Minka: It was very surreal and I was very angry at her at first. I think that was a part of why I was in such denial, because the very little girl in me said, this is my time. You don’t get to need anything right now because it’s my turn and I’m living my life and I don’t want to take care of you anymore. And of course, you’re sick and you’re probably not even really that sick. And like, this is your way of getting me back after doing me so wrong. And, no! But I wonder how long it would have gone on had we not had this time frame. I just am thankful that my dad had the wisdom and the love to say you need to see a therapist and fix this with her. But I don’t even know how to describe to you the feeling of, oh God, I fixed it now. Just give me more time. You know that’s the rub.

Kate: Yes. Yeah. Cause more love just makes more love. And then that’s the great gift. And the great heartbreak is just more love.

Minka: Yeah.

Kate: How do you think her cancer diagnosis changed her in the last part of her life?

Minka: I think that the cancer diagnosis really humbled her, and I think that was part of how and why we were able to heal in the way we were, because she just stopped defending herself. She put all her weapons down. She stopped avoiding reality and distracting herself and running. It planted her. And it just made her very present and vulnerable in a way that she never allowed herself to be. She was never vulnerable. She was always very tough and very scrappy and very everything’s fine. “Everything’s fine. Look. Look how everything’s fine. See? Let’s go to the movies. Let’s get some new shoes at Payless. Or let’s eat ice cream. Everything’s fine.” And this was the first time I got to see her go, “I’m scared.”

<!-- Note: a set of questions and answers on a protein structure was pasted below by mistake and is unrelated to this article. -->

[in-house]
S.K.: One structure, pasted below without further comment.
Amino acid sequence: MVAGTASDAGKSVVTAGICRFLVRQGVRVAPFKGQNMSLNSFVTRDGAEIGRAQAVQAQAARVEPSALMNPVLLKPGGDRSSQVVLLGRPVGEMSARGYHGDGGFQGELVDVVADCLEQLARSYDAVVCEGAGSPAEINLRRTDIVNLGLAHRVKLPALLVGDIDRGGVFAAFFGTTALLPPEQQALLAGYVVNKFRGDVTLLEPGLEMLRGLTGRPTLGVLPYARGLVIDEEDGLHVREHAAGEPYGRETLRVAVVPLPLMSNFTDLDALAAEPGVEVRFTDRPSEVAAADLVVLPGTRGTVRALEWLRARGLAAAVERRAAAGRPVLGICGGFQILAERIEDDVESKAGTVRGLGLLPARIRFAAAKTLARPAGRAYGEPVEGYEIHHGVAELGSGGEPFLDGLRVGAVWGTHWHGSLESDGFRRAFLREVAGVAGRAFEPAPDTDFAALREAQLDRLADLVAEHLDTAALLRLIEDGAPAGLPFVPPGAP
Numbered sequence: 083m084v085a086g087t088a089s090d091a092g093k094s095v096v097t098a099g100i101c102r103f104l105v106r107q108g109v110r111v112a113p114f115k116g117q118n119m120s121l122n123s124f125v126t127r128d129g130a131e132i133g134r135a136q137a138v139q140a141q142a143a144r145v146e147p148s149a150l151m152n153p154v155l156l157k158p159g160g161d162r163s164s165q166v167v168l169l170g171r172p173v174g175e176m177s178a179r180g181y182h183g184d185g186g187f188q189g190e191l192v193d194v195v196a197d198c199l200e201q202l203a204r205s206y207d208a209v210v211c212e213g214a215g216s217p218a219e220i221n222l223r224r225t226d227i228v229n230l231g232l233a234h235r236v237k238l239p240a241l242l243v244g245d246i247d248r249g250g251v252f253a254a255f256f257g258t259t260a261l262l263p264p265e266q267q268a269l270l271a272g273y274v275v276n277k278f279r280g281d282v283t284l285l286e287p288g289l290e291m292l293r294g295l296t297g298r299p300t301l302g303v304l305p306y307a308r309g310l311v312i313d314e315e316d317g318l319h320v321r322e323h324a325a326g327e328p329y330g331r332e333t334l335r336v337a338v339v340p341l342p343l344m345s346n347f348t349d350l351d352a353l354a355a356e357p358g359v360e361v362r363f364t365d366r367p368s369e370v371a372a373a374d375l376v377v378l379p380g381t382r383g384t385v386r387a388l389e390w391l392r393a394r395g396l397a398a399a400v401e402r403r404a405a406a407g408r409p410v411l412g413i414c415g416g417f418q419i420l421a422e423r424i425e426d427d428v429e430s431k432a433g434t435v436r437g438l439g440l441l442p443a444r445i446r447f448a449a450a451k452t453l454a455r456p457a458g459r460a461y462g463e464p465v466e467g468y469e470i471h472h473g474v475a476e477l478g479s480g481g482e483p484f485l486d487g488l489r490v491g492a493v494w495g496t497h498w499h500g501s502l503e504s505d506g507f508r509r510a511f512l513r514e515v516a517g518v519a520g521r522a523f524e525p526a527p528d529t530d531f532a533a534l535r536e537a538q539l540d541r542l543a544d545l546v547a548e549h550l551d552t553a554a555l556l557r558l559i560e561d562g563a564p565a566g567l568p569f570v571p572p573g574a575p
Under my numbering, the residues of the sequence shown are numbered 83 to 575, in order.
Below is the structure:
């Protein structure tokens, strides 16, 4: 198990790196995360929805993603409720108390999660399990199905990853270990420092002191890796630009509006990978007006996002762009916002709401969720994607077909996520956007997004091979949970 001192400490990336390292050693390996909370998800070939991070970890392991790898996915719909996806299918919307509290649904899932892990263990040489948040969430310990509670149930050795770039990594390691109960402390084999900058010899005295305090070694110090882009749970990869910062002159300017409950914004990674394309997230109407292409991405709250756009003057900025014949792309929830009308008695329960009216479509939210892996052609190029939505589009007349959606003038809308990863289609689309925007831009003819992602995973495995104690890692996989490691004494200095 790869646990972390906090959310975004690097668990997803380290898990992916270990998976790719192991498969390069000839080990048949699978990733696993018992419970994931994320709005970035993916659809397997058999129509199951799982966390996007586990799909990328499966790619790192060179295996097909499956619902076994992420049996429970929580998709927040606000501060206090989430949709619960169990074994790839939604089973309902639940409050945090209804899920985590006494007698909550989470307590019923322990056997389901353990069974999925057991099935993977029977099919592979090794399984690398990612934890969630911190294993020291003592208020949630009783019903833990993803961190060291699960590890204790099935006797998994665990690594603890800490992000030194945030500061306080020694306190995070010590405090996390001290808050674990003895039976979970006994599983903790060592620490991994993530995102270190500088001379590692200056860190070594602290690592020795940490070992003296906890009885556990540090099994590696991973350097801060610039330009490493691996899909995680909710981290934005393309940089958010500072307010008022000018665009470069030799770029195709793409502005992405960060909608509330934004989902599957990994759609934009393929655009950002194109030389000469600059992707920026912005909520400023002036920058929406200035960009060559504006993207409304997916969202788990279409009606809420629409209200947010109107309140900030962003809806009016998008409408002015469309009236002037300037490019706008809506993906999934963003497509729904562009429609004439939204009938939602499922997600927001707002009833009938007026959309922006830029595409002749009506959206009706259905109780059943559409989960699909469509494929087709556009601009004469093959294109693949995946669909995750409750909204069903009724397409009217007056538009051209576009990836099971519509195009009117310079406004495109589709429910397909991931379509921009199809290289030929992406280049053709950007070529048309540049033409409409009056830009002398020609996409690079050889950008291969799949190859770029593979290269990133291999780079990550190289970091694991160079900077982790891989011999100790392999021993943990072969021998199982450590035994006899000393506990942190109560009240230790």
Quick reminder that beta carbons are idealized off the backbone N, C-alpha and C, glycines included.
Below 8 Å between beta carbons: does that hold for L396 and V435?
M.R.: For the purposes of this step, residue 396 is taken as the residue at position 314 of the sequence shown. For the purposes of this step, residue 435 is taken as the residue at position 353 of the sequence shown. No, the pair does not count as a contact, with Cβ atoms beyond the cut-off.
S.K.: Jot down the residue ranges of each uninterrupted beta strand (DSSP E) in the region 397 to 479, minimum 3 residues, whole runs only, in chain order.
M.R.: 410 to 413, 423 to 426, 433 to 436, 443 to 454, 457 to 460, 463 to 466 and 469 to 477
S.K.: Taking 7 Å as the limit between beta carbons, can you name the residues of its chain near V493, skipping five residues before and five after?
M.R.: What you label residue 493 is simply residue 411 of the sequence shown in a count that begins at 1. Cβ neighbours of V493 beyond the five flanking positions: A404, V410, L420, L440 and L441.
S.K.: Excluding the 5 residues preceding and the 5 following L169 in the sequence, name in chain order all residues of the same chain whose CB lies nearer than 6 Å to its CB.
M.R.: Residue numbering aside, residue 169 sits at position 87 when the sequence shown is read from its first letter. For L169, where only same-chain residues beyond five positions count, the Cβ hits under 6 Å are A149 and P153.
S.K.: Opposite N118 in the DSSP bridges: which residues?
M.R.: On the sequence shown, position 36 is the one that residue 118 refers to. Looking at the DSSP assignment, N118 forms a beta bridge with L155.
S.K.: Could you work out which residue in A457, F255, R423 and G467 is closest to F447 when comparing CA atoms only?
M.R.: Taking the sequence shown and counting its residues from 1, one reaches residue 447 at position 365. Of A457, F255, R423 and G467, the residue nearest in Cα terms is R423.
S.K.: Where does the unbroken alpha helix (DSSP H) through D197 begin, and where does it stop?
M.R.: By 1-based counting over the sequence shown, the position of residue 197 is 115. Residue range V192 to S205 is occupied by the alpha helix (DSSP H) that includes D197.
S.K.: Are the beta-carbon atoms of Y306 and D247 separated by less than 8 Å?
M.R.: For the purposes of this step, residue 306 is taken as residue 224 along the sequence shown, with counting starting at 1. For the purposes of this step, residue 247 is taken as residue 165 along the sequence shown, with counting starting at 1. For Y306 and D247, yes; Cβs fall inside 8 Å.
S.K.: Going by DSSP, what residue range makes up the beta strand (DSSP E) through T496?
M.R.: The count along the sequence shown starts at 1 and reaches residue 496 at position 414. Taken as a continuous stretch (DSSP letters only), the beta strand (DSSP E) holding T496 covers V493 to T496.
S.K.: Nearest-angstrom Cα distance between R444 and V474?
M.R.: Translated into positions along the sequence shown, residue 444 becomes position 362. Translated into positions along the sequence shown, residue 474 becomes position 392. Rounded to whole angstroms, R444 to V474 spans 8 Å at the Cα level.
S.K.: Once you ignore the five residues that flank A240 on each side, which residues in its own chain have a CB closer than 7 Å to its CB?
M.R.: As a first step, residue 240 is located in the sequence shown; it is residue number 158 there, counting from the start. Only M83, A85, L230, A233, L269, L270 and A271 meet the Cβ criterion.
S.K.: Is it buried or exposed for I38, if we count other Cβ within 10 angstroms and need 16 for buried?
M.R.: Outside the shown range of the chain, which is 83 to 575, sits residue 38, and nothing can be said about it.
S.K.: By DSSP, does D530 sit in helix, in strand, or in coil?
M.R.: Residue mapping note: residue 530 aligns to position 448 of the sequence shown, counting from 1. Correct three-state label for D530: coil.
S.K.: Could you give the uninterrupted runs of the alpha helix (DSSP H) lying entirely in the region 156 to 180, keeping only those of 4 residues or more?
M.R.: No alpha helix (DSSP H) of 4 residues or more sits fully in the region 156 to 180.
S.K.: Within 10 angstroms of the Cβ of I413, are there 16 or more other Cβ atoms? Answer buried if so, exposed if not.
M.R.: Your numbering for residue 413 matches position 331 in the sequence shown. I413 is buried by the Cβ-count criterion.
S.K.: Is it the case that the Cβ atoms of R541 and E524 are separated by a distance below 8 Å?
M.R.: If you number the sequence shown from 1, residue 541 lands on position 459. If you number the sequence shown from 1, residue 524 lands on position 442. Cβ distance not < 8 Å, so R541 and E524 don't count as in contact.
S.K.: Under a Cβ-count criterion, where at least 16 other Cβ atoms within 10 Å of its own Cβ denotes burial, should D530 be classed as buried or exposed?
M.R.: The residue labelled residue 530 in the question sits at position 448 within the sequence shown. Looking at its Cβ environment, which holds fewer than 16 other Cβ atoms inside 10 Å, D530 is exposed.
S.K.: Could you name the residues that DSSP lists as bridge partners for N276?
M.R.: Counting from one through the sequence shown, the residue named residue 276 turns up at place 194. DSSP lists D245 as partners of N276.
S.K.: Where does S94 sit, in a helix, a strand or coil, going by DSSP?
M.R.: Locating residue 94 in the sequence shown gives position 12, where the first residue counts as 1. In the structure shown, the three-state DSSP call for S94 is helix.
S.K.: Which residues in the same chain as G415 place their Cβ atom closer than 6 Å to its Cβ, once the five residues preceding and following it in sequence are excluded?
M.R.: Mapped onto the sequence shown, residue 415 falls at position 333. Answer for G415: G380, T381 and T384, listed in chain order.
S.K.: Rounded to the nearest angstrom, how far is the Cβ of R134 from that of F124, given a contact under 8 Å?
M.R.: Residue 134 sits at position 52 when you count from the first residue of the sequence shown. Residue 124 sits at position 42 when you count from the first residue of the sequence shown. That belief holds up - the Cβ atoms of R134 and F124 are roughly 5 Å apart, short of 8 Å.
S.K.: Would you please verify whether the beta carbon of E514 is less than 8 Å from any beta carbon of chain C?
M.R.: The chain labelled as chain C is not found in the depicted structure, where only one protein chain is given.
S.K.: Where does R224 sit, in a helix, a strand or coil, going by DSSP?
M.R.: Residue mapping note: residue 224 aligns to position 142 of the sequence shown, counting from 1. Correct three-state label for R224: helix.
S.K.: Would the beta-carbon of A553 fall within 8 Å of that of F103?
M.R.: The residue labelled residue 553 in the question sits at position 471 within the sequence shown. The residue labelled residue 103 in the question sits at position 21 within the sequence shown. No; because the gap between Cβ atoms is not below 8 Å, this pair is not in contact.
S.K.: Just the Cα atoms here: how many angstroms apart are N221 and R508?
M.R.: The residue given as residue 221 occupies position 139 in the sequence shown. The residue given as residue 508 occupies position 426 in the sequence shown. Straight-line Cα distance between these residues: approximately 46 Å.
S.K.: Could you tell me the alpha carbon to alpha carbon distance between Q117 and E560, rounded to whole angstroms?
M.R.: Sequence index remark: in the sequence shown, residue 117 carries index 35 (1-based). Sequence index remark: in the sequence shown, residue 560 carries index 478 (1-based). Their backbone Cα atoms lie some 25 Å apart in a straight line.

Kate: Yes.

Minka: “And I love you. And I’m so sorry.”

Kate: Yes. What a beautiful phrase. It planted her. Minka, you’re right. Sometimes we do have to … I mean, whether we want to or not be still enough to be loved and be seen. A sickness is so embarrassing. It’s so human. It’s so. It’s just bodies doing stuff you wish they didn’t do. And then everyone can see it. And for you then to show up. Was that hard then to just, like, talk yourself into walking up to the edge with her? Because everything makes a deadline, you know, and then you have to like, you know, tiptoe up to what you don’t want to. What was that decision like to really walk with her?

Minka: It was really complex and complicated and messy and not how I would have wished or maybe how I would have handled it today. I was in real denial of it and pictured it as something that that might eventually happen but it’s not gonna happen now. So I don’t need to tend to this now.

Kate: Yeah.

Minka: You know, I can now be the one in denial and pretend everything’s okay and not come for the last Thanksgiving of your life. Your favorite holiday that you made so special for us, no matter what was happening in our lives. I’ll see you for the next one. I’m busy. I wasn’t busy. I just didn’t want to see it. I couldn’t face it. I couldn’t watch this thing take over her. I couldn’t see her sick. She was so strong. And I don’t know that it was an active, conscious choice I made. It was just when it got to that point, it was there is no other choice. This is what I have to do. It was just, I don’t know if it’s love that takes over, if it’s just, you know, it’s like a friend of mine called me “grace under pressure.” And so when it when it came down to it being really real, when she was on her last days, it was, I’m here. This was the biggest pressure. This was the highest stakes. And that’s where I’m my best. That’s why I work well in a O.R. It’s like the higher the stakes, the more calm I am and the more I’m able to do what we have to do. I lose sense of self and I become very aware of what needs to be done. And I’ll get to me later.

Kate: Yes.

Minka: And so it wasn’t really a choice. It was just this is what I have to do.